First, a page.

Importance of Federalism in Nigeria

Last updated on August 3rd, 2023 at 12:23 am

If you read the Nigerian Constitution closely, you’ll notice that the country is referred to as the “Federal Republic of Nigeria.” Our country’s federal system is defined by this phrase. While there are other countries that practice true federalism, Nigeria is referred to as a quasi-federal state. In this write-up, we’ll analyse the significance of federalism in Nigeria today.

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Federalism is a two- or more-government system. That is, in one system, two governments will coexist — state government and central government. Federalism in Nigeria can be defined as the distribution of power among local, national, and state administrations. This is similar to the political organization approach used in Canada and in the United States.

Federalism is, at its heart, a system in which the two branches of government work together. In general, there are two tiers of government under federalism. One is a central authority that oversees the country’s major affairs. The other is more of a local government that is responsible for the day-to-day operations and activities of their territory.


Learning about the aspects of the federal system is the ideal method to gain a full understanding of it. The actual nature of federalism is reflected in the combination of these traits. Let’s look at them in the context of Nigeria:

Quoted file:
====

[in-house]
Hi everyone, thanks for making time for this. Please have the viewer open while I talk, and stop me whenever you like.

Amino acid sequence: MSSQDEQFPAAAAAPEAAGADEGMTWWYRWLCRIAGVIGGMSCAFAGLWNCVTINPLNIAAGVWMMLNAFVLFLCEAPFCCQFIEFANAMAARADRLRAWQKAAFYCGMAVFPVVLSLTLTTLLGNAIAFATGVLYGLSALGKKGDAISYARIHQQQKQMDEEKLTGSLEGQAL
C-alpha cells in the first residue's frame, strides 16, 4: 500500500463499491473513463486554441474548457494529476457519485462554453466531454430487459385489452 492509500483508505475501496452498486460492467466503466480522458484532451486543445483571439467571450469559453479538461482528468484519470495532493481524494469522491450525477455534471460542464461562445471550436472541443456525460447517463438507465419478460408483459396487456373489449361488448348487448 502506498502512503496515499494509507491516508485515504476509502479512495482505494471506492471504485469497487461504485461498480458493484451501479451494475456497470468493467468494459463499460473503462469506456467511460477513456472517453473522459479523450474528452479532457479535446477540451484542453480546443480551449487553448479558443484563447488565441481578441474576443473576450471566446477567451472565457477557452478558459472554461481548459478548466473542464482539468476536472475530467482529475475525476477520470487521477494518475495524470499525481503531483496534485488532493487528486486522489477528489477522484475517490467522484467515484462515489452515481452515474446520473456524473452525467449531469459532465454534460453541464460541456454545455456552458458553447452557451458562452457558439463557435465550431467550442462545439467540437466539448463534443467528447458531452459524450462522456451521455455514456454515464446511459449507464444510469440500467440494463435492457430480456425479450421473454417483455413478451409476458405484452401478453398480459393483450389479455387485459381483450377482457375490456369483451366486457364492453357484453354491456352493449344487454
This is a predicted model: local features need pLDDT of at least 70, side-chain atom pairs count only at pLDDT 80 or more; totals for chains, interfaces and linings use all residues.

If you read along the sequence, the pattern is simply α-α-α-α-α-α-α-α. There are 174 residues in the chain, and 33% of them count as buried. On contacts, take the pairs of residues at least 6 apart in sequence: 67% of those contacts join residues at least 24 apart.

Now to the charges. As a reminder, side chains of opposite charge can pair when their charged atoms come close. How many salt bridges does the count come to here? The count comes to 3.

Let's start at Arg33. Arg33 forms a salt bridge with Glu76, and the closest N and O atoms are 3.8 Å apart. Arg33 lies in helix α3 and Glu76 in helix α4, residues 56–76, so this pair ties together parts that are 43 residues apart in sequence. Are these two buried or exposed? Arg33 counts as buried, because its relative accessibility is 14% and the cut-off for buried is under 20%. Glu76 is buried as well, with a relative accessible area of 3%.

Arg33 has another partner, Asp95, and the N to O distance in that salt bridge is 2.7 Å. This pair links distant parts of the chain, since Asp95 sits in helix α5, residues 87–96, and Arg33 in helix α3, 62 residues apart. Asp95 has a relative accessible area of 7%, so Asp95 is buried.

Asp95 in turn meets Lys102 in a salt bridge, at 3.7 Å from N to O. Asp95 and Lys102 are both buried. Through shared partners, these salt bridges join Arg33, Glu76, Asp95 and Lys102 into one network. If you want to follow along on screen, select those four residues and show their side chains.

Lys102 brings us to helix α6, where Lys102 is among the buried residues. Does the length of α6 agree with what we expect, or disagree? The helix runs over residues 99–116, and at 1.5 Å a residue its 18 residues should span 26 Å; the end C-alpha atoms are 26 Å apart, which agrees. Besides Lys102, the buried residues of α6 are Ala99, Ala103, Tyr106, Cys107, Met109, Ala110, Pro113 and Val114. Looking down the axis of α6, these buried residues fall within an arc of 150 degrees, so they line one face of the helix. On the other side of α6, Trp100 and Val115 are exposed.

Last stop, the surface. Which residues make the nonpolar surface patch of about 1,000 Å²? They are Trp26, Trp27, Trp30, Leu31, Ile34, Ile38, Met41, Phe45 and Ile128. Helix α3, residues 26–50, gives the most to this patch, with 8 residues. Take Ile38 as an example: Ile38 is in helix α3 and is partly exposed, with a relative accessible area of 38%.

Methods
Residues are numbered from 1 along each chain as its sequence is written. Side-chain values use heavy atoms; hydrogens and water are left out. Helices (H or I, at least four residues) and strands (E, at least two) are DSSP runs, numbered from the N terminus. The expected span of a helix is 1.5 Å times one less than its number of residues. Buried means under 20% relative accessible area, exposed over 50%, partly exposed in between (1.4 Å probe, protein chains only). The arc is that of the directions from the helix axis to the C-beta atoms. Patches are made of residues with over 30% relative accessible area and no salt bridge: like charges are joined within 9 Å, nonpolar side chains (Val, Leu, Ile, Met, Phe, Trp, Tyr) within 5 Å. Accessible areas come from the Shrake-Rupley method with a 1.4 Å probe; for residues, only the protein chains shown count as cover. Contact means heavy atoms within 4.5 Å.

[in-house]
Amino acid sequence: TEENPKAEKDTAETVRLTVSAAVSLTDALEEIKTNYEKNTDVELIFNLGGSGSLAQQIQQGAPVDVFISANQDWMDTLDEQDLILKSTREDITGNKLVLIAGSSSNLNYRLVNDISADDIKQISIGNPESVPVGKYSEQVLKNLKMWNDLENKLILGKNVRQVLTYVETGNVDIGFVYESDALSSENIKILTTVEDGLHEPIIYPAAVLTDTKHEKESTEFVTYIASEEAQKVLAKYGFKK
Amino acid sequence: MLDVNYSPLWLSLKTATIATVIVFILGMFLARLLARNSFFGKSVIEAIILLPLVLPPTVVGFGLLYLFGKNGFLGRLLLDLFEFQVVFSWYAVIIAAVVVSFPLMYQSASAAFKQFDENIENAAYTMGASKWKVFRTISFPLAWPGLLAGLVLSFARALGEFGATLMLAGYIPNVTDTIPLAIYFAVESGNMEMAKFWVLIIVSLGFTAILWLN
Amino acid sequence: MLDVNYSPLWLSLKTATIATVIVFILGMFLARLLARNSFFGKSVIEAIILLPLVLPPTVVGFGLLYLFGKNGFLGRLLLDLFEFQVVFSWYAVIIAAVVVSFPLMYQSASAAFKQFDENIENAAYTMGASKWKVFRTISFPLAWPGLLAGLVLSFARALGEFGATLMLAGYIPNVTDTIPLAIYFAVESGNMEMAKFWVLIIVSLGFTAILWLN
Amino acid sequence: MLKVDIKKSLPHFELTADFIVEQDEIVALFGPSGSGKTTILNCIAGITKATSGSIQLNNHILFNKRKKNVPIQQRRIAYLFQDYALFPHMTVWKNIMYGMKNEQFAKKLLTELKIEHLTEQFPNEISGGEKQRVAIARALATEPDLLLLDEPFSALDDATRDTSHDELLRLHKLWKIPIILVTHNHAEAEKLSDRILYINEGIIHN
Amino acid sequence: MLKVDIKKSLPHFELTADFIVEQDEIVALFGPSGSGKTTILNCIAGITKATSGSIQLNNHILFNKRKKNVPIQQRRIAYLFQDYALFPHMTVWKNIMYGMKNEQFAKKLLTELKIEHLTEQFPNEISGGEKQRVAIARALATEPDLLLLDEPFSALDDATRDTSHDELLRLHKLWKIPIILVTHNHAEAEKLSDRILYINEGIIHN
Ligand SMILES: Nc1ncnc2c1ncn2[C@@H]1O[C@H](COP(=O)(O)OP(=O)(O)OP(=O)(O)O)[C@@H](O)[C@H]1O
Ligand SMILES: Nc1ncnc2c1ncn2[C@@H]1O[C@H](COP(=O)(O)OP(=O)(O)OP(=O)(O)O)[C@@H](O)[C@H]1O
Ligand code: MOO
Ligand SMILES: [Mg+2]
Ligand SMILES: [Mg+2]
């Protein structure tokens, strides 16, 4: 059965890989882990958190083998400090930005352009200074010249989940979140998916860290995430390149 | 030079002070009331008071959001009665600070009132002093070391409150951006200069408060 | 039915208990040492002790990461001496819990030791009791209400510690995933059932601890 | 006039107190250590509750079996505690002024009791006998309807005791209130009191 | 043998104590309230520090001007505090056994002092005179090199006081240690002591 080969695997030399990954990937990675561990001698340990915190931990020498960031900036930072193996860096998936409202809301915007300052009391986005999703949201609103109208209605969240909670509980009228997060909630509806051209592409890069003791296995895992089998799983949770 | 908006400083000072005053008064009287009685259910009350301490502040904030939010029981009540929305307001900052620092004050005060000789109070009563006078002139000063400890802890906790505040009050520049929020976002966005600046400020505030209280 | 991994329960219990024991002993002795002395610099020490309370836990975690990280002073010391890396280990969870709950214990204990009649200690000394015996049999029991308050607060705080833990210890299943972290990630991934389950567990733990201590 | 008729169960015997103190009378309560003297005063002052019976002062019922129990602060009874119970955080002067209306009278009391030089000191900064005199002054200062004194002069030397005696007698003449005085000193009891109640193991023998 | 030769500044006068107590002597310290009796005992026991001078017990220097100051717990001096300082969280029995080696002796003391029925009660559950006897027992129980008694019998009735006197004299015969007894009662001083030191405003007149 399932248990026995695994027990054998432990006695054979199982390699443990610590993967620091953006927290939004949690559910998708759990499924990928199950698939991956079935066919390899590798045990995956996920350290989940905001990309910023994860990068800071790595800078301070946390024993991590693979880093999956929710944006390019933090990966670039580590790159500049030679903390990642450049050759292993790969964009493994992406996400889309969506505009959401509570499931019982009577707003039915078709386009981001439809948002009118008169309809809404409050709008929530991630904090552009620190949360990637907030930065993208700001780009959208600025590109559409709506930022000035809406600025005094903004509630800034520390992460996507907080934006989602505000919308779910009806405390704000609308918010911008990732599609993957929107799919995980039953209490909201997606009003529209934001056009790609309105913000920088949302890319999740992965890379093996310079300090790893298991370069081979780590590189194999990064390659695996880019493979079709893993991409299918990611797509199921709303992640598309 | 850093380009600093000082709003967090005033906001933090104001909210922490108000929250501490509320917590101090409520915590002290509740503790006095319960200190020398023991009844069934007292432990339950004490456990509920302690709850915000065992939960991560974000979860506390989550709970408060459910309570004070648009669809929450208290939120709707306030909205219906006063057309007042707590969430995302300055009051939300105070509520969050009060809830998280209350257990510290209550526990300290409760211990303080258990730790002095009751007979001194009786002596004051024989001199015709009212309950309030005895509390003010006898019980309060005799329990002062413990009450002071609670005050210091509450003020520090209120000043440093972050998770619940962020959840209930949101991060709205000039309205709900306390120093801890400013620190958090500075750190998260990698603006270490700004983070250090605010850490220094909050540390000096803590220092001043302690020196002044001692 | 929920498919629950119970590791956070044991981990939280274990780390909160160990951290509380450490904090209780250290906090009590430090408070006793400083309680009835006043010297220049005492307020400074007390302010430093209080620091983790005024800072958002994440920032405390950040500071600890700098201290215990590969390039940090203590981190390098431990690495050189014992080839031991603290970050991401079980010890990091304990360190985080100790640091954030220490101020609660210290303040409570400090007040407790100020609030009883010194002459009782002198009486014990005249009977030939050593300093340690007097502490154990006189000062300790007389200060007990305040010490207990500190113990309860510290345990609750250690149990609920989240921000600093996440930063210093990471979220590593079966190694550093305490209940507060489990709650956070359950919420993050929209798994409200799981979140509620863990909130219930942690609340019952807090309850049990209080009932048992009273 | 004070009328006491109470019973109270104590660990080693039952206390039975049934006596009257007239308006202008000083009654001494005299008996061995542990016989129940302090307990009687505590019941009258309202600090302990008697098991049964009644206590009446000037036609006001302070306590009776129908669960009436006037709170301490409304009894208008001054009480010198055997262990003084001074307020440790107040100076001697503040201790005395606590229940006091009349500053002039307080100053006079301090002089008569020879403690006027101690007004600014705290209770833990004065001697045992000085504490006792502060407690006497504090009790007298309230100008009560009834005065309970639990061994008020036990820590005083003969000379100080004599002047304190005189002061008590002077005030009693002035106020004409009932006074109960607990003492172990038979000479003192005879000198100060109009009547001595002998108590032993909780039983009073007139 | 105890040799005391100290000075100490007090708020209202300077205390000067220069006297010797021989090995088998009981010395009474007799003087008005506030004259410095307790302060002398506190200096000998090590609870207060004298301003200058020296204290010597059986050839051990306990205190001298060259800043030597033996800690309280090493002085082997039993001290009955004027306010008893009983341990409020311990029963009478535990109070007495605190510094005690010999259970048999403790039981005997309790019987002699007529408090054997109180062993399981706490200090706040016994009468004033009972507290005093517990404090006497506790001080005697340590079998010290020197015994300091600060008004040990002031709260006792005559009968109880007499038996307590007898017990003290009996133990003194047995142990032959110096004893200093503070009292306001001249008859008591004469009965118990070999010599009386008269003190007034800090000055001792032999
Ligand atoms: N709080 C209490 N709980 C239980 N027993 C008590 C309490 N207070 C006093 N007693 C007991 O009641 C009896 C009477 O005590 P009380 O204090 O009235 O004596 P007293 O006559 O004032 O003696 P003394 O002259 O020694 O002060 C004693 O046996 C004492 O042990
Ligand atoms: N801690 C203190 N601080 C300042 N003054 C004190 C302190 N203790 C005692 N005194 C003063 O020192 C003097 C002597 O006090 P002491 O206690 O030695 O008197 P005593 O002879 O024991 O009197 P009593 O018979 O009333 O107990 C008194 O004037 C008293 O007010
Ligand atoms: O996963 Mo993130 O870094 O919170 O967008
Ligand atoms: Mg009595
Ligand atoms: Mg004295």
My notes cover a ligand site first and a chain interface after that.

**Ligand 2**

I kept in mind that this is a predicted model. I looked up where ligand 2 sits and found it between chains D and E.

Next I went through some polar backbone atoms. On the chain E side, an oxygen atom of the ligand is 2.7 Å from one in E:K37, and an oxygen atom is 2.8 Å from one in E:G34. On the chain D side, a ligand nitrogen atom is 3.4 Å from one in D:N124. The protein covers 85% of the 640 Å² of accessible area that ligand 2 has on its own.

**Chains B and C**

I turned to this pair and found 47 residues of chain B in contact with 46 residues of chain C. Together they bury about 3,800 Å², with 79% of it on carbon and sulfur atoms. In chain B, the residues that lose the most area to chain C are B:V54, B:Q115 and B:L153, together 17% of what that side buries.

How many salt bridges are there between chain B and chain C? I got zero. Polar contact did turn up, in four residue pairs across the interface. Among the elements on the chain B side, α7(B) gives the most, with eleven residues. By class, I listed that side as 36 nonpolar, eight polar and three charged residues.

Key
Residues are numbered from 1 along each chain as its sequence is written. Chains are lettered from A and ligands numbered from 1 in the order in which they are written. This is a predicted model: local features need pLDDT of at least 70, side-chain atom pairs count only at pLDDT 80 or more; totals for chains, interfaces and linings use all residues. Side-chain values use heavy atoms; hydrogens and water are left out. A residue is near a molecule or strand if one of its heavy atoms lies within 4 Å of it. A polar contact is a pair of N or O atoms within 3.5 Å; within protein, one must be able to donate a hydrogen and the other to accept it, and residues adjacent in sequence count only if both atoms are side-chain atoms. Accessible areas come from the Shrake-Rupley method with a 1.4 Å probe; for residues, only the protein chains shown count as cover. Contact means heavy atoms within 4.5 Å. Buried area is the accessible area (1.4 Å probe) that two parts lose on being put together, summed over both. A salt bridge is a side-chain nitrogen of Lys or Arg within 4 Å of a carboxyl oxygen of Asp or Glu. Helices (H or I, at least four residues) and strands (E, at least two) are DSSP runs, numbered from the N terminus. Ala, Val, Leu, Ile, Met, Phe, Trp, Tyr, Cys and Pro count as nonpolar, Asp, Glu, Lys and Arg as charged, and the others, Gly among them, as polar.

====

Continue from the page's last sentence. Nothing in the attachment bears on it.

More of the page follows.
The basic aspect, which is the definition of federalism, is that the country has at least two levels of governance. There could be even more. However, power is not centralized in the hands of a single government. Another crucial feature is that the federal government must be guaranteed by the constitution.

However, it is equally critical that no single level of government can unilaterally change or amend the constitution’s most vital and fundamental clauses. While the two levels of government share power, there should also be a revenue-sharing structure in place.

Whether a state is federal or unitary is largely determined by the nature of the relationship between the federal and state administrations.


The importance of federalism in Nigeria is listed and explained below.


One of the grounds for Nigeria’s federal system of administration is the country’s unity. Federalism was established primarily to promote peace and unity among the country’s various regions. Federalism has evolved as a means of meeting people’s rising desire to retain or restore the intimacy of small societies in many places throughout the world.

As a result, there is an increasing need for larger groups to mobilize the use of shared resources. The ambition of the federation’s constituent units to create union in some areas has resulted in this unification. A simple desire to unify is insufficient; there must also be a desire to remain apart in other areas. If there is no desire to remain distinct, the organization will not be federal.


Nigeria has aspired to employ a unitary government structure since attaining independence. As a result, the founding fathers adopted federalism in order to imitate similar development at home. They saw federalism as a means to a goal, which they saw as an all-encompassing development sweeping across the country.